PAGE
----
Lightning-fast recommendation calculus

There are several common approaches used for building a recommender system, the most popular being:

  • Collaborative filtering: This approach uses collaborative information, i.e. implicit or explicit user interaction with items (such as recipes viewed or liked). It doesn’t use information about the actual items or users.
  • Content-based approach: This approach works purely on user’s or item’s characteristics. They completely ignore interactions between users and items.
  • Hybrid approach: A combination of the previous two approaches.

There are also other, more advanced approaches, such as matrix factorization and sequential models created with deep learning. Taking each approach into consideration, the team finally settled on collaborative filtering for multiple reasons.

For starters, collaborative filtering is very interpretable, making it simple to explain why some recipe was recommended. It is based on the principle: “If users A and B liked recipe X, and user B likes recipe Y, there is a huge chance that user A will also like the recipe Y”. Furthermore, other approaches require a lot more work fine-tuning the models for predicting meaningful recommendations, while collaborative filtering works on the plug & play principle.

We implemented collaborative filtering with an implicit library. This amazing library has a simple interface, comes with support for implicit feedback datasets and all its operations and routines are vectorized and multi-threaded, so recommendation calculus is lightning fast.

However, the collaborative filtering method will not yield quality recommendations for cold-start users, i.e. the users who have had no previous interaction with recipes. To them, the app will recommend the recipes with the most views.

Putting theory into practice

The recommender system is implemented by microservice architecture. It is comprised of two components:

  • Scheduler
  • Rest API

Collaborative filtering algorithm requires calculation of similarity matrix which is then used to produce recommendations. Similarity matrix calculation is a time-consuming task, which is why we decided to create a scheduled task which will execute the whole process of similarity matrix calculation:

  • pull new data from BigQuery
  • store BigQuery data into PostgreSQL
  • use stored data to create similarity matrix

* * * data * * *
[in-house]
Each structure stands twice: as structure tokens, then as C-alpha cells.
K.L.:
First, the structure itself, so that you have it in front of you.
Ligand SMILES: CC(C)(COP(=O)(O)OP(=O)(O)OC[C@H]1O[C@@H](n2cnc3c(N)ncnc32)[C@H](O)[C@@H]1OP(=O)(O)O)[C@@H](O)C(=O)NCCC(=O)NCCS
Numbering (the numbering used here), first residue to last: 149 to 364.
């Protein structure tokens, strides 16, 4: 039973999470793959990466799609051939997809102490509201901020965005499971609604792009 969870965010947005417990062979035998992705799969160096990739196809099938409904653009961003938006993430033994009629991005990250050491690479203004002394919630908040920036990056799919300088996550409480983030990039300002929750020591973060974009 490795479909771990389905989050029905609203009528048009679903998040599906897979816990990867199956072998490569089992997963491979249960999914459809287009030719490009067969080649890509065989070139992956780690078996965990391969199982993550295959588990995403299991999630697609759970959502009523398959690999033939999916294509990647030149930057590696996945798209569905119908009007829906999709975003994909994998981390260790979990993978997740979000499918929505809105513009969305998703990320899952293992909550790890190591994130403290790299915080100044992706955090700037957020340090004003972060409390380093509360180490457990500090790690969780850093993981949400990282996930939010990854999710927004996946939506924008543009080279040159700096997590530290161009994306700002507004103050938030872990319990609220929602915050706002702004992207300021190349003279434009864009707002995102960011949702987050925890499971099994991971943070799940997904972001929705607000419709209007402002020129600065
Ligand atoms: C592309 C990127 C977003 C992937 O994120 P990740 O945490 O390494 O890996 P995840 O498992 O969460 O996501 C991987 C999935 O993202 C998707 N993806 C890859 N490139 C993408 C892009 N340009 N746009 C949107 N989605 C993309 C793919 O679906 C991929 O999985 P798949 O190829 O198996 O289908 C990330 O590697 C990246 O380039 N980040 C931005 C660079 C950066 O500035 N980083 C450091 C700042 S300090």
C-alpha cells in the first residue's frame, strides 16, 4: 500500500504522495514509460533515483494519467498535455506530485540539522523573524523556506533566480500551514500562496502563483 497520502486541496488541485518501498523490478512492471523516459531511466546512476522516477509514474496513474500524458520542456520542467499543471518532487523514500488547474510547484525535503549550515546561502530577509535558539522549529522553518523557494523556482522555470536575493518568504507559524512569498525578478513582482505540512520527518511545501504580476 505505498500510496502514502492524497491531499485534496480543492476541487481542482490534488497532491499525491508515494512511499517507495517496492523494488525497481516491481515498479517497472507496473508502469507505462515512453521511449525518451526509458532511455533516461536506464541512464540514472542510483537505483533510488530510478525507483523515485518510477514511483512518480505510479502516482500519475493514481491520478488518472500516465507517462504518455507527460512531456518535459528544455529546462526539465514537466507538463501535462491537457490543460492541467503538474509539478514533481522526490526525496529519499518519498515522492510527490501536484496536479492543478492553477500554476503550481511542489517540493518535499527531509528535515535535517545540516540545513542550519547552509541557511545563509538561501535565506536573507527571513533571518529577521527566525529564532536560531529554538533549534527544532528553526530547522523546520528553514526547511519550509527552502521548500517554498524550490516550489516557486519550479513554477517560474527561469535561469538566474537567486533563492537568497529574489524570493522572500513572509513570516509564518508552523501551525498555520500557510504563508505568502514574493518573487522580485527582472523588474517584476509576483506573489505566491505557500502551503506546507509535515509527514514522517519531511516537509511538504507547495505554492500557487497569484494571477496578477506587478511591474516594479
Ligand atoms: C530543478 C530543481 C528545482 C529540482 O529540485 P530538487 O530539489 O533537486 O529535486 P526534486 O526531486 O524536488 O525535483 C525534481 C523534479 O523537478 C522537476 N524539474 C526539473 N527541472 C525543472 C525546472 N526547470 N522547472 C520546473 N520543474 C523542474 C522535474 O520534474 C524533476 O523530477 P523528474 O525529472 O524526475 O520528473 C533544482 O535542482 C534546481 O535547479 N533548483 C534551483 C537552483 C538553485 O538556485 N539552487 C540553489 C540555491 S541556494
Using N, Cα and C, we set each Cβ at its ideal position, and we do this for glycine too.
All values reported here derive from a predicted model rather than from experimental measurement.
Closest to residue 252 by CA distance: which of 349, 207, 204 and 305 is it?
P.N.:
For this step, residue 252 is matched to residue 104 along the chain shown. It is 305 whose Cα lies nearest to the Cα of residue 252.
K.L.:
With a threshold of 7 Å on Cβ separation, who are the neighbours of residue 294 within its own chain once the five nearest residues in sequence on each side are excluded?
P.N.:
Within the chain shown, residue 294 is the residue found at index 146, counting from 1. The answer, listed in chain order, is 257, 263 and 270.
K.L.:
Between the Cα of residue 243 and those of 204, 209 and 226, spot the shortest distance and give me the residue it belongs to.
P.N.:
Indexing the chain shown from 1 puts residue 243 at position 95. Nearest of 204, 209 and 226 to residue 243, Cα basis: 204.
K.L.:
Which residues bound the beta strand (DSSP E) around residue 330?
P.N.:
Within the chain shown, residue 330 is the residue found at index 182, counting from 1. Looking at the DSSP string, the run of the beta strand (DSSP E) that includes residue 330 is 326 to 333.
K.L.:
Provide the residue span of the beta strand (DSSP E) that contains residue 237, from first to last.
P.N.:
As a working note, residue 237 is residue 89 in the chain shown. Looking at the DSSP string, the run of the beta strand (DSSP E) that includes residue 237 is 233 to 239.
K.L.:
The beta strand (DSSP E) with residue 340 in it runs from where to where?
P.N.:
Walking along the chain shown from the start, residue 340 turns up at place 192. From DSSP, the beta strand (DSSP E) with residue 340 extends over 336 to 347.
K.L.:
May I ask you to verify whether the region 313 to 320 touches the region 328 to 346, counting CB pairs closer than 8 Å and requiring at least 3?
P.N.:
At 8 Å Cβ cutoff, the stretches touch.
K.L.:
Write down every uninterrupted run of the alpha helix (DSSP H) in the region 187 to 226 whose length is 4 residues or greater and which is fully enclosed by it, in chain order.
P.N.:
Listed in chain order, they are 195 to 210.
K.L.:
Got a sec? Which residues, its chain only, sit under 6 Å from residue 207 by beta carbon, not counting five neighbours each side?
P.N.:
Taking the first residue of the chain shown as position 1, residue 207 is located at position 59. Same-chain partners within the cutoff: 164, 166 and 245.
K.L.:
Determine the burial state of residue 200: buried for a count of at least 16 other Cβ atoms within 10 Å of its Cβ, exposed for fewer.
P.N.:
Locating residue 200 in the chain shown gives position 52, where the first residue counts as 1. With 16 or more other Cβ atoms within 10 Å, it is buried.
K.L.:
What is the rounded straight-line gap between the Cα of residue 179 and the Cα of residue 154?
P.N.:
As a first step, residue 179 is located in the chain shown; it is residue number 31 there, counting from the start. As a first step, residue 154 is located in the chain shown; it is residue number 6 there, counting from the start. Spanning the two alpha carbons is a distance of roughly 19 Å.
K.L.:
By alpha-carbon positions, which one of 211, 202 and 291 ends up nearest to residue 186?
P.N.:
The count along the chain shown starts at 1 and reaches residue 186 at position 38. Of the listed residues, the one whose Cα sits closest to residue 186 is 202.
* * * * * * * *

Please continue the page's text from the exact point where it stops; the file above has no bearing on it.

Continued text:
Rest API component responds to a user request for recommendations and returns the recommended recipes. We already mentioned that the model needs to be frequently updated without interruptions. Communication between the two components is achieved with Amazon’s S3 buckets.

The scheduler component generates the similarity matrix and saves it, while the Rest API component loads the generated matrix into the memory once it is generated for the faster serving of recommendations.

To avoid interruptions, Rest API runs a background job for loading new similarity matrix and switches it with the current one. We ensured that there could be only one job run in parallel.

We benchmarked recommendation request execution time for a cold-start user and for a non cold-start user. Specifically, we picked the user with the most interactions with the app. Benchmarks were created with 2,4 GHz Intel Core i7 processor:

  • Execution time for cold start user is 0.1 s
  • Execution time for non-cold start user is 0.05 s

Does it work better than the previous one?

To see if our recommender beats the previous solution, we conducted A/B testing experiments. Here are the results for Android.


The following are the results for the iOS platform.


Experiment results are crystal clear. Our proposed variant performed 168% better for the search screen, and 70% better for the home screen.

A simple choice for an efficient result

The solution described in this post uses one of the simplest algorithms for recommendations. Yet, it achieved impressive results in A/B experiments with additional gains in the interpretability of recommendations and extremely fast execution.

The intended takeaway from this blog post is that with careful and structured implementation, it is possible to significantly improve users engagement by using simple algorithms and create the foundation for future, more complex improvements.